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BOE to Dust Off War Games If No-Deal Brexit Becomes Reality

David Goodman

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Bank of England Governor Mark Carney will soon find himself thrust once more unto the breach if the U.K. crashes out of the European Union without a transition.

The last time he was front and center -- just after the referendum on June 23, 2016 -- he immediately provided reassurance during an unexpected shock that rocked markets and left a power vacuum in Britain’s political class. At least there should still be a government afterward this time, unlike when Prime Minister David Cameron resigned the day following the vote.

A disruptive exit could have a broader economic impact, requiring a faster response that policy makers admit can only go so far. The central bank has made sure banks are ready, but Carney has warned that “financial stability is not the same as market stability.”

The BOE has experience in planning for the worst case scenario. The Scottish referendum in 2014 gave a dry run dealing with a disruptive event, even if Carney never had to deploy the “considerable resources” planned in case of a separatist victory.

“It’s a tried and tested playbook,” said Sanjay Raja, U.K. economist at Deutsche Bank AG in London, which expects the BOE to ease policy immediately at its November meeting. “Cut rates and try to get ahead of it as soon as possible, try and make sure financial and credit conditions remain as accomodative as possible.”

Here’s a look at how the BOE may respond to a no deal Brexit, assuming it takes place at the end of this month.

Before Oct. 31

Should a no-deal exit become official government policy, the BOE will likely immediately kick start contingency plans. The Financial Policy Committee will have a final chance to weigh in this week with the summary of its Oct. 2 meeting on Wednesday.

While the BOE stresses that the financial system is prepared, it also says that it can do little to curtail the inevitable market ructions. Carney says the goal is to prevent problems in the financial plumbing so that the sector doesn’t make things worse.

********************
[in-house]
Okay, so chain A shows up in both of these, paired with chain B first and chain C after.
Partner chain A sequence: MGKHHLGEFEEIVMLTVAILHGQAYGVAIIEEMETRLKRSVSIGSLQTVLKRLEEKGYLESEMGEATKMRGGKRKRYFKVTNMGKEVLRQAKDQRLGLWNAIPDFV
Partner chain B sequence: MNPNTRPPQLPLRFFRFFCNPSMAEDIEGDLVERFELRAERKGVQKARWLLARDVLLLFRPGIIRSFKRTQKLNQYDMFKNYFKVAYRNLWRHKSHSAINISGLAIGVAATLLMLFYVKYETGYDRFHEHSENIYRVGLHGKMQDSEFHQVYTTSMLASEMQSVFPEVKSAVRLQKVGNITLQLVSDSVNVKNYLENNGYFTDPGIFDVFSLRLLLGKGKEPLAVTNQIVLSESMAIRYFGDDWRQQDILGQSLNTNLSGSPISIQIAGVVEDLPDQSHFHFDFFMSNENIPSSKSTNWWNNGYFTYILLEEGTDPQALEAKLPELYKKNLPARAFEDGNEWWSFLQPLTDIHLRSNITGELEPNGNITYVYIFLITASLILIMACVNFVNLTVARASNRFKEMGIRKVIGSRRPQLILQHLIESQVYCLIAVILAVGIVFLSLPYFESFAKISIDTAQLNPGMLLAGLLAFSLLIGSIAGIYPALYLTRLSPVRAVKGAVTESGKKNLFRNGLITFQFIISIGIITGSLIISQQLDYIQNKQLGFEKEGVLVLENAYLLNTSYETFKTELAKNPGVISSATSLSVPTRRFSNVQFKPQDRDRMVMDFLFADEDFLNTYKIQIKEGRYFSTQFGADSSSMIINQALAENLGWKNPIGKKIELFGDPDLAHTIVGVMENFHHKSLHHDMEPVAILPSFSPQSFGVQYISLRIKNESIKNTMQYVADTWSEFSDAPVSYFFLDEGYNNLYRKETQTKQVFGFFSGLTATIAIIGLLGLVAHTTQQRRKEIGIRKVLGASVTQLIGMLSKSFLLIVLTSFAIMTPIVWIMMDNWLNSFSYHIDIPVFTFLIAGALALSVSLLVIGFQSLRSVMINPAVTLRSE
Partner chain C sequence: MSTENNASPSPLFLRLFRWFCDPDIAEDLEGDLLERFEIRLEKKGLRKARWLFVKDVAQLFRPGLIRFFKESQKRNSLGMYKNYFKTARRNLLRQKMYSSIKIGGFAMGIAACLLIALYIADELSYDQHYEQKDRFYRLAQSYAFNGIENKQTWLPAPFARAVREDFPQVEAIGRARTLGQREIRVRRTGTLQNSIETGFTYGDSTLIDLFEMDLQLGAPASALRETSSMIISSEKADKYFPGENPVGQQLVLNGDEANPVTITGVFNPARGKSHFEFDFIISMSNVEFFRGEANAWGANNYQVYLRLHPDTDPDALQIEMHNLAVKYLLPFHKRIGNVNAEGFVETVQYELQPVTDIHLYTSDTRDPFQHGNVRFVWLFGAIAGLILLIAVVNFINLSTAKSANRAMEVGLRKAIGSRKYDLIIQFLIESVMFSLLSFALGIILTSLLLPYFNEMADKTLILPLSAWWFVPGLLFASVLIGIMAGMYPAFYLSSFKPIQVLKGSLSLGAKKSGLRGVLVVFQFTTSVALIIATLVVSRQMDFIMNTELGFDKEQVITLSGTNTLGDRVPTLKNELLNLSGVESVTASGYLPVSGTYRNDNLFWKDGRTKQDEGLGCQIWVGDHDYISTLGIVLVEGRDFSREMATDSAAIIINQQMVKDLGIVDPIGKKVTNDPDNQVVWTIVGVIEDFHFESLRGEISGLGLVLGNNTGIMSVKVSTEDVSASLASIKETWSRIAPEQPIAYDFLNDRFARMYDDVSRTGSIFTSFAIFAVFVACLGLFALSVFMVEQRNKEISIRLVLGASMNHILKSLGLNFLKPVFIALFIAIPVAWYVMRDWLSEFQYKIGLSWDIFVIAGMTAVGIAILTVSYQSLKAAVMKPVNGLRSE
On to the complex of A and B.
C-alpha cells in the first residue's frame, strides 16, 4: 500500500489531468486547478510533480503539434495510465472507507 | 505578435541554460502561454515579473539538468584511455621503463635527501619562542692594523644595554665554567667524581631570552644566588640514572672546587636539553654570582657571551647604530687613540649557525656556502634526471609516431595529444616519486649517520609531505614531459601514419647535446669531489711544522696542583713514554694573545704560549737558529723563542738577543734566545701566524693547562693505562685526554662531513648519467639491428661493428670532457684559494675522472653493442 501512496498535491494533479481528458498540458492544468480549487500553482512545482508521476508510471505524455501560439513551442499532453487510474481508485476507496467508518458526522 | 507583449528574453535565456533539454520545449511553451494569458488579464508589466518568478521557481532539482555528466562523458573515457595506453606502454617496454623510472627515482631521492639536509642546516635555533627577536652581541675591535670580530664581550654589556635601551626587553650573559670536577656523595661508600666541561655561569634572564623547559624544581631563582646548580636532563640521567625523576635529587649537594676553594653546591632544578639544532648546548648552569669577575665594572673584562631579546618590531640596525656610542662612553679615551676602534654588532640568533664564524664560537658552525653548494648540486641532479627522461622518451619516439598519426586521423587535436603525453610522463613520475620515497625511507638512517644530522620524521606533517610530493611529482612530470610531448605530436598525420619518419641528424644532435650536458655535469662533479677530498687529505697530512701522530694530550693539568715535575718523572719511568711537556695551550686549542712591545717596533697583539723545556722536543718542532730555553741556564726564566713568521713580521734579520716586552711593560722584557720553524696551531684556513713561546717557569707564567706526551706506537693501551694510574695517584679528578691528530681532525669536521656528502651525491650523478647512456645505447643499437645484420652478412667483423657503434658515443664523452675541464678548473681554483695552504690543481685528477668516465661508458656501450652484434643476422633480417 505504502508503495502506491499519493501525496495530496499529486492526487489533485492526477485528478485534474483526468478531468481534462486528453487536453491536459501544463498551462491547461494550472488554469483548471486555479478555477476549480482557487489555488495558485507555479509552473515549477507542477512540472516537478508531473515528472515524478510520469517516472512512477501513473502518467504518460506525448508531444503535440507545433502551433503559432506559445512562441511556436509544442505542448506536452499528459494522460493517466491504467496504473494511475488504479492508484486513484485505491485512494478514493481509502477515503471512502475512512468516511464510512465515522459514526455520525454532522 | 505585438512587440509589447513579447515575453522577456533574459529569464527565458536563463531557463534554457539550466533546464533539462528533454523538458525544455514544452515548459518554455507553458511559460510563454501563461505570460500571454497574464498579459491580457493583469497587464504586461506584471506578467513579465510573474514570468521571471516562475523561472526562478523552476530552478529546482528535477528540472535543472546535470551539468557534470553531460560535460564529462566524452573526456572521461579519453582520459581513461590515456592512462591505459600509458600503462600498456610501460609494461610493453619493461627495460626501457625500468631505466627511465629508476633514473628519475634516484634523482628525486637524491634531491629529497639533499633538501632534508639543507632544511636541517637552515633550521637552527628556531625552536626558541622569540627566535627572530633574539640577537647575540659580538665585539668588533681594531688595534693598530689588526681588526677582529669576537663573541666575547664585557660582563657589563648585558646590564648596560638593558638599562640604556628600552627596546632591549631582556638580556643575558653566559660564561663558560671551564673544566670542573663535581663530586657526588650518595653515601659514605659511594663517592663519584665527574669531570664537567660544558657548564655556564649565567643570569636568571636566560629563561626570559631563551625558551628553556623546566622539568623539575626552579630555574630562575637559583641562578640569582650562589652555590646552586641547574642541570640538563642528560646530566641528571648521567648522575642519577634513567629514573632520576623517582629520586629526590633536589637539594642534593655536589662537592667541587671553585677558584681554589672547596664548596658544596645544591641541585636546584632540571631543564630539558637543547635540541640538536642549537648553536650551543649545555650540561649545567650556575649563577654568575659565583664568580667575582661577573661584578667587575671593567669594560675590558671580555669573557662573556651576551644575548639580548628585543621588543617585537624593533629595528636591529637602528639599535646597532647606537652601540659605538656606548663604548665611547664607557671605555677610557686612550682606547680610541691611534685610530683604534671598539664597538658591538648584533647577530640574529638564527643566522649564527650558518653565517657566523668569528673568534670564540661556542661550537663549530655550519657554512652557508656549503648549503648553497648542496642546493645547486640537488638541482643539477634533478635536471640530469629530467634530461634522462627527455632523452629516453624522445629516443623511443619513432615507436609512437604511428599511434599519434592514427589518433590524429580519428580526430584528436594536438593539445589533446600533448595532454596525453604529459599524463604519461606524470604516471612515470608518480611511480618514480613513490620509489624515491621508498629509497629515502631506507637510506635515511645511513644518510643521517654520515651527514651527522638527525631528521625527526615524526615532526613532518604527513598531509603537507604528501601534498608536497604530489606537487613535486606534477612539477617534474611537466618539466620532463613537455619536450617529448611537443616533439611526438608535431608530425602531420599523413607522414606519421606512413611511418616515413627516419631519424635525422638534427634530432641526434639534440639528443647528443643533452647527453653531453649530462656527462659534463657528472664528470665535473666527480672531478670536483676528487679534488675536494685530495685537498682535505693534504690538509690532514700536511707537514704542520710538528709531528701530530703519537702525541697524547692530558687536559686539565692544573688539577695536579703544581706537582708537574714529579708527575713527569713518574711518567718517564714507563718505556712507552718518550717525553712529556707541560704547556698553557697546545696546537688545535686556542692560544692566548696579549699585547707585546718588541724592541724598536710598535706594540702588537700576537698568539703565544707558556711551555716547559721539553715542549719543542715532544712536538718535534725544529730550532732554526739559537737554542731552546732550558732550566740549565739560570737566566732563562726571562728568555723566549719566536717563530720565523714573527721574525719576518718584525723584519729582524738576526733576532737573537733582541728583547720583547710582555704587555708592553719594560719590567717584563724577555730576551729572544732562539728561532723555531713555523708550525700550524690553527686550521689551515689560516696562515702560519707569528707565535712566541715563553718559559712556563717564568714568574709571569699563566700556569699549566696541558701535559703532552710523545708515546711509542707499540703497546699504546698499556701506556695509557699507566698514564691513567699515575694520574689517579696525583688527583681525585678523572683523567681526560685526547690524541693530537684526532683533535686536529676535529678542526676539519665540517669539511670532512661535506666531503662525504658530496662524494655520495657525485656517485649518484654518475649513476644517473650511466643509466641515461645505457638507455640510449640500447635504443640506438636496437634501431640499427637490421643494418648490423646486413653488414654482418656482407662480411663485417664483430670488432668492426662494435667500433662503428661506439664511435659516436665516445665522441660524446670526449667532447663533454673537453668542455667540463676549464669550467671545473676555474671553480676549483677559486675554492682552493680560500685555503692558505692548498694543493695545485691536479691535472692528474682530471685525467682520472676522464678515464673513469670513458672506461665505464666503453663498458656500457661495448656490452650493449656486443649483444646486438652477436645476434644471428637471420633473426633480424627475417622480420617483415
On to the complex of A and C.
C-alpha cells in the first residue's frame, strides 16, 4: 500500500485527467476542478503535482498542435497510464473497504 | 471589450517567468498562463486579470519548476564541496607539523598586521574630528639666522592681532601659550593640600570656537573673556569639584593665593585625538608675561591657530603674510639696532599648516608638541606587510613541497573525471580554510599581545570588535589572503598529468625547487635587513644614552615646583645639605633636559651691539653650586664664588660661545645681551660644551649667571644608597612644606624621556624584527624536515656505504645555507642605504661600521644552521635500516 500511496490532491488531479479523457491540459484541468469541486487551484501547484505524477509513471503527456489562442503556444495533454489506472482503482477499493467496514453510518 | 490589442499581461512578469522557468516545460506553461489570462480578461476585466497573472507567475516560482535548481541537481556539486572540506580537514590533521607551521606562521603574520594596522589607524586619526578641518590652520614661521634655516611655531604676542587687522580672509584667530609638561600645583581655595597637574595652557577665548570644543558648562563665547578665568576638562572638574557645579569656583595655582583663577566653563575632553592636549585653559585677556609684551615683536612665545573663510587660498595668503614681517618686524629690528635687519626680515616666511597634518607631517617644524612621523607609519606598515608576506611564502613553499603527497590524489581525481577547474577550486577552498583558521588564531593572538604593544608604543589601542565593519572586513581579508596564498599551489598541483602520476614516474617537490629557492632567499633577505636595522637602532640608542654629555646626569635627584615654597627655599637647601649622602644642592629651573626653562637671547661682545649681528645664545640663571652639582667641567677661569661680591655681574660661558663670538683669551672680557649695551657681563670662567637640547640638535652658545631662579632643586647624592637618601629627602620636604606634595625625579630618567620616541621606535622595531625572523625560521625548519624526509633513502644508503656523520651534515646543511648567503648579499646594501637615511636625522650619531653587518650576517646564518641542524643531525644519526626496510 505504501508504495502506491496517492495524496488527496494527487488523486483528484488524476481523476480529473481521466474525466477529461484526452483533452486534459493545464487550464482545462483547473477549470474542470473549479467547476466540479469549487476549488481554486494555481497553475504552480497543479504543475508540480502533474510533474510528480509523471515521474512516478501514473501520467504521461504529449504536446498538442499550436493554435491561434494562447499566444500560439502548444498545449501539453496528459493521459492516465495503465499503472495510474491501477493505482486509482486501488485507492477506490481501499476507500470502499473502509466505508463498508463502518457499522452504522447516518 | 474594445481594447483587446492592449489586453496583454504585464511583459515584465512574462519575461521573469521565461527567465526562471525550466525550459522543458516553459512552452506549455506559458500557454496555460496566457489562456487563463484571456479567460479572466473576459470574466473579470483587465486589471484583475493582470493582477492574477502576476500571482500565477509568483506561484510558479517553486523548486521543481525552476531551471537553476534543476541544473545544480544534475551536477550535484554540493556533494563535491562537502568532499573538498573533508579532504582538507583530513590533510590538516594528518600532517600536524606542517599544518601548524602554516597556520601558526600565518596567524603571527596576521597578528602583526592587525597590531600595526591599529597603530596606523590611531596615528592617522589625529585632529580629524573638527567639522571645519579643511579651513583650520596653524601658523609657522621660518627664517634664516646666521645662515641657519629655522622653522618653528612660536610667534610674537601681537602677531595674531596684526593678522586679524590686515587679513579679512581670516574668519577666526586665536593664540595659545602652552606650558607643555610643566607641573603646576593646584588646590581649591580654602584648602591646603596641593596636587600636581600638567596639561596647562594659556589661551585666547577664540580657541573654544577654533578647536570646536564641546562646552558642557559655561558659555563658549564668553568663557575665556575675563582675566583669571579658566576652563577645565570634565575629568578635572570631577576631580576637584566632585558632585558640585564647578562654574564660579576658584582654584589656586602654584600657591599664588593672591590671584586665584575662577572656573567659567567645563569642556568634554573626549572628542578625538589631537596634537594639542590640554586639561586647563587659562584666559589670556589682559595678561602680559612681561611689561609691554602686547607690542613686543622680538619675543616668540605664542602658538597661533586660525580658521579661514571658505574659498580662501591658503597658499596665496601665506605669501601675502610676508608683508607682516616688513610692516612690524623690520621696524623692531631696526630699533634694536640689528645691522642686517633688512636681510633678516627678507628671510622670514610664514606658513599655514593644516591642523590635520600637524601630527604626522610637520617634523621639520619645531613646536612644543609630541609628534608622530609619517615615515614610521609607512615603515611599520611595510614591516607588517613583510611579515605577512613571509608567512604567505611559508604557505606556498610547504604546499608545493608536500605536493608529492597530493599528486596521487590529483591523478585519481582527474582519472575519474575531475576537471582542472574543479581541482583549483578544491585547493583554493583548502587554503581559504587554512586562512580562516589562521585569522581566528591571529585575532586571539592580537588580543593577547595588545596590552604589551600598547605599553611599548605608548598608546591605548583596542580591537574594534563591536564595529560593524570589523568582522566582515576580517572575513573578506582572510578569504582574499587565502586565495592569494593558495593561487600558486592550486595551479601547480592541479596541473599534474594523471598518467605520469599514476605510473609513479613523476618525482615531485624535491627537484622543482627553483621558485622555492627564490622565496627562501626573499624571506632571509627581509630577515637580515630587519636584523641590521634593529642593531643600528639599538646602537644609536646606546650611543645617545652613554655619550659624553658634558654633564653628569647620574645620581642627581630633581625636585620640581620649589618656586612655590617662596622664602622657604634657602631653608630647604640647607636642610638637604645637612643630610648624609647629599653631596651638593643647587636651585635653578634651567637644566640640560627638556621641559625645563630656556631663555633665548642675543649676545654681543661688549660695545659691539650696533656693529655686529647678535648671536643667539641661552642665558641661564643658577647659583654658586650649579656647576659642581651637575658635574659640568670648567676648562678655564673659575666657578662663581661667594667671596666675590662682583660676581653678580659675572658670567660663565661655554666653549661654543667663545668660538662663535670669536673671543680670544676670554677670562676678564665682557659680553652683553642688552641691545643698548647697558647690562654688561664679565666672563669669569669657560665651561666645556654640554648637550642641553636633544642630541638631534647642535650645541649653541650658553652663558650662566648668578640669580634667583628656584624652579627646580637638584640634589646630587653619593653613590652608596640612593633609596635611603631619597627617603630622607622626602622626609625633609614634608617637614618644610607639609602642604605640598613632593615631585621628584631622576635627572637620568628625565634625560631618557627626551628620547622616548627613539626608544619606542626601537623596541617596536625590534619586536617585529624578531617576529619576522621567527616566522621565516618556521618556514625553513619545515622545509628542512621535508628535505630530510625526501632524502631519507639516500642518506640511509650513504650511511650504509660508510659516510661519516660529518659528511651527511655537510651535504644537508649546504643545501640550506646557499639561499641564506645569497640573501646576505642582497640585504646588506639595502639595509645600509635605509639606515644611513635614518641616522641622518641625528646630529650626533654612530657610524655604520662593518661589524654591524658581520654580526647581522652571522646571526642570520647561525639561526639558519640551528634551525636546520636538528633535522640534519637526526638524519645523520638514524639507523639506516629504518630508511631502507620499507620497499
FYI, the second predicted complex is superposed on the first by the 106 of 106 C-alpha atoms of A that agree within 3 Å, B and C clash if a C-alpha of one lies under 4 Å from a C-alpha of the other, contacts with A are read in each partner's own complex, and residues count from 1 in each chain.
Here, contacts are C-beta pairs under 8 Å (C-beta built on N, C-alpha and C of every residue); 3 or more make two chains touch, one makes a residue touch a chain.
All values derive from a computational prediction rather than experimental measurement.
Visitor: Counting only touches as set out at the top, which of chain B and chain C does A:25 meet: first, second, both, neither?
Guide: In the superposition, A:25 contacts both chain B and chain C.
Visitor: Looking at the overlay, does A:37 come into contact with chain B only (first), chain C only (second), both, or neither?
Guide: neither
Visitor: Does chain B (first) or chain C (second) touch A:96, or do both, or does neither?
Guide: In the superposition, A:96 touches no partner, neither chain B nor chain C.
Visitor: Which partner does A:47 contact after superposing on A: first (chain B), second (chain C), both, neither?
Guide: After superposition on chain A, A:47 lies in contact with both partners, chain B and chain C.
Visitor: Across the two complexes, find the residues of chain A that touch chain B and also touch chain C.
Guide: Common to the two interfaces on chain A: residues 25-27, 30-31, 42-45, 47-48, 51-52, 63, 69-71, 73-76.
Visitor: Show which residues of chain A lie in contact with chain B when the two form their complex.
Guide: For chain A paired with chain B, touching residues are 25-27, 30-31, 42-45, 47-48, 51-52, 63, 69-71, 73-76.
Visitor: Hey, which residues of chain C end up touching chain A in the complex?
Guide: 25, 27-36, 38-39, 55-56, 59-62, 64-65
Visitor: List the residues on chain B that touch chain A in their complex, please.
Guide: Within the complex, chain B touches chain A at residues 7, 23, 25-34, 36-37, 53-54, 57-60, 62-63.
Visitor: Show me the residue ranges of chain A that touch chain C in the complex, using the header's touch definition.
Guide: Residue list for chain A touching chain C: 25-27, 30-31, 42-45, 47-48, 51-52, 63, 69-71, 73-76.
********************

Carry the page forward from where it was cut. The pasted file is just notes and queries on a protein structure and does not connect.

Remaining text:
Before the Brexit vote, the BOE said its plans included “intensive supervision” of banks, additional funding and activation of swap lines with other central banks.

If markets are in freefall, Carney may repeat his 2016 move of reassuring investors that the BOE stands ready to inject liquidity if needed. He may hint at the possibility of more policy action at the Nov. 7 interest-rate decision.

To further ease concerns the BOE could offer lenders extra liquidity provisions. The BOE’s Indexed Long-Term Repo operations are already occurring on a heightened scheduled -- having been held on a weekly basis since around the time of the U.K.’s original March exit date -- and could be further stepped up.

The BOE will also step up market intelligence and meetings with their network of agents, said Tony Yates, a former BOE official.

“Most of things about monitoring and war-gaming, I imagine they are doing that now,” he said. “There will be a permanent frenzy of activity.”

Night of Oct. 31

In 2016, Carney said he napped for about two hours before watching the first results on television and going to the BOE’s Threadneedle Street headquarters at around 3:30 a.m. to oversee coordination with central banks around the globe.

The BOE will be alive to any liquidity crunches. Some volatility is likely, especially if traders are hoping for a last minute reprieve from the EU or British legal system.

Analysts see sterling dropping to $1.11 the day after a no-deal Brexit, from about $1.23 now. But no matter how violently the pound swings, the BOE is unlikely to intervene directly. Carney said in September that there’s almost no chance of that unless there was breakdown in the market.

There’s also real time observations. Chief Economist Andy Haldane said the BOE had developed a “system for monitoring traffic flow around the U.K.’s main ports using geospatial data from Google Maps.”

The Aftermath

The BOE’s first major set piece will be the Nov. 7 Inflation Report. That’s a chance to unveil forecasts under a no deal for the first time, and address any economic turmoil with monetary policy.

While officials have stressed their response won’t be automatic -- partly as it will be hard to ascertain whether the outcome is more damaging to demand or supply -- almost all economists expect a messy divorce to be met with easing. That’s even if inflation surges well above the BOE’s 2% goal.

There could be a rate cut -- possibly to the barely positive level that officials consider to be their zero-lower bound -- more quantitative easing, macroprudential measures, or, more likely, a package of strategies. Bloomberg Economics, which expects a no-deal Brexit in January, expects the BOE to cut the benchmark rate by 70 basis points to 0.05%.

Still, policy makers are also likely to also indicate they can’t solve the problems of a no deal on their own. Michael Saunders told Parliament last year that “if you have queues at Dover, the answer is not lower interest rates.”

--With assistance from Anooja Debnath, Charlotte Ryan and Michael Hunter.

To contact the reporter on this story: David Goodman in London at dgoodman28@bloomberg.net

To contact the editors responsible for this story: Paul Gordon at pgordon6@bloomberg.net, Brian Swint, Lucy Meakin

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